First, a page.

Three D.C. City Council members yesterday protested the city lottery board's consideration of a bid to operate the District's prospective daily numbers game that was submitted in part by Control Data Corp. because the firm does business in South Africa.
Council members Frank Smith Jr. (D-Ward 1), John Ray (D-At Large) and Hilda Mason (Statehood-At Large) told board Chairman Brant Coopersmith in a letter that even though Control Data's lottery bid--submitted under the name of a newly formed company called Columbia Gaming Services Inc.--would include a large minority representation, "that is not a good enough reason to excuse Control Data's vital role . . . " in South Africa.
A Control Data spokesman confirmed that the company does business in South Africa. General Instrument Corp., whose American Totalisator Systems Division also is bidding for the D.C. lottery contract, sells its products in South Africa, a spokesman for that firm said.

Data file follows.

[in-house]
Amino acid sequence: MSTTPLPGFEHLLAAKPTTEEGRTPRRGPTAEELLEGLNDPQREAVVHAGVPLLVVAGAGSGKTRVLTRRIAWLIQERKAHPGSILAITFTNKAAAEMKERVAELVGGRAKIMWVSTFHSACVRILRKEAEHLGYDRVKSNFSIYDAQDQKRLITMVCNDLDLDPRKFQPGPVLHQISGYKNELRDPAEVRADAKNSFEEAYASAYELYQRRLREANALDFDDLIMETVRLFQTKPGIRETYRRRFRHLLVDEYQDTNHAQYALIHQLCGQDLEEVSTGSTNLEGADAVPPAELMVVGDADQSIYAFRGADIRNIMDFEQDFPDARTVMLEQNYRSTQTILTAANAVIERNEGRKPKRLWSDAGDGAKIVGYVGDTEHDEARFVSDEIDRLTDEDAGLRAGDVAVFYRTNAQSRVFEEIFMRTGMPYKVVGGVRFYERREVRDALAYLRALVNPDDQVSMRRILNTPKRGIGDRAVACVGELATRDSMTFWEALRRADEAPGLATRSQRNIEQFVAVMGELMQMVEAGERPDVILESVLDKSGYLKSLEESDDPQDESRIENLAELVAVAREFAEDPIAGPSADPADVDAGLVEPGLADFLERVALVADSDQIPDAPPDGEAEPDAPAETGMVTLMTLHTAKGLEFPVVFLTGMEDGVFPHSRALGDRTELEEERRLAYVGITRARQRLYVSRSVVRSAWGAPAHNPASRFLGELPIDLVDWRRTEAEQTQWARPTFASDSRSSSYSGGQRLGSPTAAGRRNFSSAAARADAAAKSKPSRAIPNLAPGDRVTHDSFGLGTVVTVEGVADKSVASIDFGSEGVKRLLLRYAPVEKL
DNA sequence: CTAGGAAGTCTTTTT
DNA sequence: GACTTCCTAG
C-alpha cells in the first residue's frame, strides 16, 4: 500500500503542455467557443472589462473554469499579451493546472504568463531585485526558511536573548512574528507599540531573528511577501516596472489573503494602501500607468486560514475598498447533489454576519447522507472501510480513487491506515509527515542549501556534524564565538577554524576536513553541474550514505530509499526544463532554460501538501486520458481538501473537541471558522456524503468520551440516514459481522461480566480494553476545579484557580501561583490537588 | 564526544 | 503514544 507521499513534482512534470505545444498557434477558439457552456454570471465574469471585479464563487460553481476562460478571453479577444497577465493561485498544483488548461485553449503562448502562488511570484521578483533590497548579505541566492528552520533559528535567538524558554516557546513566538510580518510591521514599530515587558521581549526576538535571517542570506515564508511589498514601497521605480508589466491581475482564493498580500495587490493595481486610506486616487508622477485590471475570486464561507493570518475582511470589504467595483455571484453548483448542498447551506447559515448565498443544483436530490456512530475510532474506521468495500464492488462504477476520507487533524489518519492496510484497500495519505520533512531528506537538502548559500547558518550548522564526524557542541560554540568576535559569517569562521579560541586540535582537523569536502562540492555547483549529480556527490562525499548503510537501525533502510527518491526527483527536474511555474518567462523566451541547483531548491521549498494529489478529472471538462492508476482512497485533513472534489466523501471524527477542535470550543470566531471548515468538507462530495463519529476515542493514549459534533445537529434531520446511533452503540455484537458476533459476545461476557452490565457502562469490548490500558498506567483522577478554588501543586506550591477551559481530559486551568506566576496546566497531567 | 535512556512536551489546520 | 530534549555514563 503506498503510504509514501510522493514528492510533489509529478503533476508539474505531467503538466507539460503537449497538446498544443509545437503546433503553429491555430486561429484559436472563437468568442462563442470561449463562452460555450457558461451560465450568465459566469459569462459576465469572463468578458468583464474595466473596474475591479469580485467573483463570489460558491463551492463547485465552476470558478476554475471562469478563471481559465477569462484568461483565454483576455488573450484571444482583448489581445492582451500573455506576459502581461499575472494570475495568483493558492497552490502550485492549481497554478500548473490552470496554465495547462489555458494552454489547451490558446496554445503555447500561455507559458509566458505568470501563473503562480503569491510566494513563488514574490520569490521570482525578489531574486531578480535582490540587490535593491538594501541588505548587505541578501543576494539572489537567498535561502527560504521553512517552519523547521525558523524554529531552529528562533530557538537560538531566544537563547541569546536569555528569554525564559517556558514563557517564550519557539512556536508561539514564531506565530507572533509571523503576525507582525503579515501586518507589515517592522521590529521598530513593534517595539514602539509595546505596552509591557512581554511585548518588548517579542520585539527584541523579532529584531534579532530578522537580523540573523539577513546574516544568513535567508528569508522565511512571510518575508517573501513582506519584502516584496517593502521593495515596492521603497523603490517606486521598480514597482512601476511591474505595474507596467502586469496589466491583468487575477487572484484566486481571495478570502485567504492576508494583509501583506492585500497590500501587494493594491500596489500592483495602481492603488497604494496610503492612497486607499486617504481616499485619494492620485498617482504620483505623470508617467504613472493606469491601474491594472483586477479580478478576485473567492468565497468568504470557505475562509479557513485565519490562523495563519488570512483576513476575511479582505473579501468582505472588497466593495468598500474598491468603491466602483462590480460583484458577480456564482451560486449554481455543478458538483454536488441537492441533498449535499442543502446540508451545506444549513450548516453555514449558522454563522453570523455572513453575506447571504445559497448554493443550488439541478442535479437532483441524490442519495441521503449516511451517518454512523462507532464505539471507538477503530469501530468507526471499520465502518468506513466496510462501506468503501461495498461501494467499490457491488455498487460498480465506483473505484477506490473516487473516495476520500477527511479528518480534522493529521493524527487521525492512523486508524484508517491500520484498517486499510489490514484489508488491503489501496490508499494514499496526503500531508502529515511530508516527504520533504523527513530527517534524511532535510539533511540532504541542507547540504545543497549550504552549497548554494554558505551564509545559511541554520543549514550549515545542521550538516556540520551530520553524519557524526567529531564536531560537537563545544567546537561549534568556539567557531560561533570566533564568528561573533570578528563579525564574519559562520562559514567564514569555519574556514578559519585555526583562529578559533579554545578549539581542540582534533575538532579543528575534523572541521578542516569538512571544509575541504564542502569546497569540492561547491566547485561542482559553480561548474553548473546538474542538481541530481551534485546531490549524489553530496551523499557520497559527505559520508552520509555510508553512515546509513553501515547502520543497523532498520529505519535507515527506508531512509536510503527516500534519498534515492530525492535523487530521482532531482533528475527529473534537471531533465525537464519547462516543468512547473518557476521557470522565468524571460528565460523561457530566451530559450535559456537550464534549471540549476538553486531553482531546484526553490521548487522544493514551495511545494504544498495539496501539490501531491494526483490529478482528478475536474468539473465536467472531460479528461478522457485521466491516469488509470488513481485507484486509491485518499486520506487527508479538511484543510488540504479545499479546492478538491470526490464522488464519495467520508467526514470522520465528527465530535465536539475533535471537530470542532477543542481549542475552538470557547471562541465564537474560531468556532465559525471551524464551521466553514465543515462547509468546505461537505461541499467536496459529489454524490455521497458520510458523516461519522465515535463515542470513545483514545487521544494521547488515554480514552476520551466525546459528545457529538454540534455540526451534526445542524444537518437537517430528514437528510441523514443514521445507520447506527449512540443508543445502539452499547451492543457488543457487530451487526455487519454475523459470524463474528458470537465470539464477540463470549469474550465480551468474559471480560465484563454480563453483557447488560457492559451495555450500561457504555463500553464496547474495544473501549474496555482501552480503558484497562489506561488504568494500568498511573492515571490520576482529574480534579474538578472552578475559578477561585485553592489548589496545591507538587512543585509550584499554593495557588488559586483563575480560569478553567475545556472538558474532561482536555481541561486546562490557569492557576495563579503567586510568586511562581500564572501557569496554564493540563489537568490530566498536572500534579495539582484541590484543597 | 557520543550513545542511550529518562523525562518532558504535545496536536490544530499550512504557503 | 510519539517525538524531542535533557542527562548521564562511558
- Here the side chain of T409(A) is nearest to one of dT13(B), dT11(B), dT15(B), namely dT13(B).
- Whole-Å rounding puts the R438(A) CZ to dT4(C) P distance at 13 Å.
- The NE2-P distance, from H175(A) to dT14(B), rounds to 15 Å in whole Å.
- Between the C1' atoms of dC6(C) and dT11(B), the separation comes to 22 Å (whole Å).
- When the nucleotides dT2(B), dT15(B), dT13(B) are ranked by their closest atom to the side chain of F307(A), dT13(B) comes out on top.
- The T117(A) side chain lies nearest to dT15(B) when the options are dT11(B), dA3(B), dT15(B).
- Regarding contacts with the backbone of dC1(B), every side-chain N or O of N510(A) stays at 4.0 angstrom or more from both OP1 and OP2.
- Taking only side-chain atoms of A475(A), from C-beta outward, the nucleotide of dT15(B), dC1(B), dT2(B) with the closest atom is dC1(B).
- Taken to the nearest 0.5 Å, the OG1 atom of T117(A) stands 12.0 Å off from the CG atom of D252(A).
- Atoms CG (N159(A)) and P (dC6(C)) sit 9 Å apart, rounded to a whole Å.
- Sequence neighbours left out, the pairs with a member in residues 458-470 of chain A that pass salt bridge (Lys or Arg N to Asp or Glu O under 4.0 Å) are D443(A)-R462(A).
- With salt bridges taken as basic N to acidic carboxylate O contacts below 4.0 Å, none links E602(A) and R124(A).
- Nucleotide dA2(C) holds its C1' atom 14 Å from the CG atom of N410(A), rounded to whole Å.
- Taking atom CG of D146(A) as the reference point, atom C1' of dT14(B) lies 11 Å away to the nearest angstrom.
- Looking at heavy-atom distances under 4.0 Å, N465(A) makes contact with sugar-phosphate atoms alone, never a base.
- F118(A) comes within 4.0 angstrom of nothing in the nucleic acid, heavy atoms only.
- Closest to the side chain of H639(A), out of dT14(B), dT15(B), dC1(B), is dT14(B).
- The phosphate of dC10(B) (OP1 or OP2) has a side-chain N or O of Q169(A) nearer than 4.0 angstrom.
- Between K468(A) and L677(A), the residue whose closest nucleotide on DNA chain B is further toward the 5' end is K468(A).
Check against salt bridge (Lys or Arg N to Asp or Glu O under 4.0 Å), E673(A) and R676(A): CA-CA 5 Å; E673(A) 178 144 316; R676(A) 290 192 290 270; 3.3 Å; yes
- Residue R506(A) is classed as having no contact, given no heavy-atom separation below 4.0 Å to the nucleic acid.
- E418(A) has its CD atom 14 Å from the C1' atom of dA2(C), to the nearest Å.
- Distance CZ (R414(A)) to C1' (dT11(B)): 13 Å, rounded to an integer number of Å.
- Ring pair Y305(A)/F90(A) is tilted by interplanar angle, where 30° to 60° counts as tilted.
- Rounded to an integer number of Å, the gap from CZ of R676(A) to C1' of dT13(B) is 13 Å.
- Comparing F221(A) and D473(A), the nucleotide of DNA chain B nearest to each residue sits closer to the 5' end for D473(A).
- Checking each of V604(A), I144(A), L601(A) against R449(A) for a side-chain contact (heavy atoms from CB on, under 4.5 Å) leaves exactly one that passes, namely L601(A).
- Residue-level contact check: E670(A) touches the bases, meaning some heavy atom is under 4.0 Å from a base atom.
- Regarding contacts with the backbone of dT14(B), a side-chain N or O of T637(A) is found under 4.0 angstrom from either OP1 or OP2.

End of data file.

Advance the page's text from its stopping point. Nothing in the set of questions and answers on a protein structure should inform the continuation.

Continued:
Gaming Systems Corp., the principal computer company in the third firm seeking the lottery bid, said it does no business in South Africa.
The board has said that it will give equal weight to the bidders' proposed price for operating the game and to the minority representation in the companies. The board did not mention if it would consider whether the companies do business in South Africa.
Coopersmith declined comment on the letter.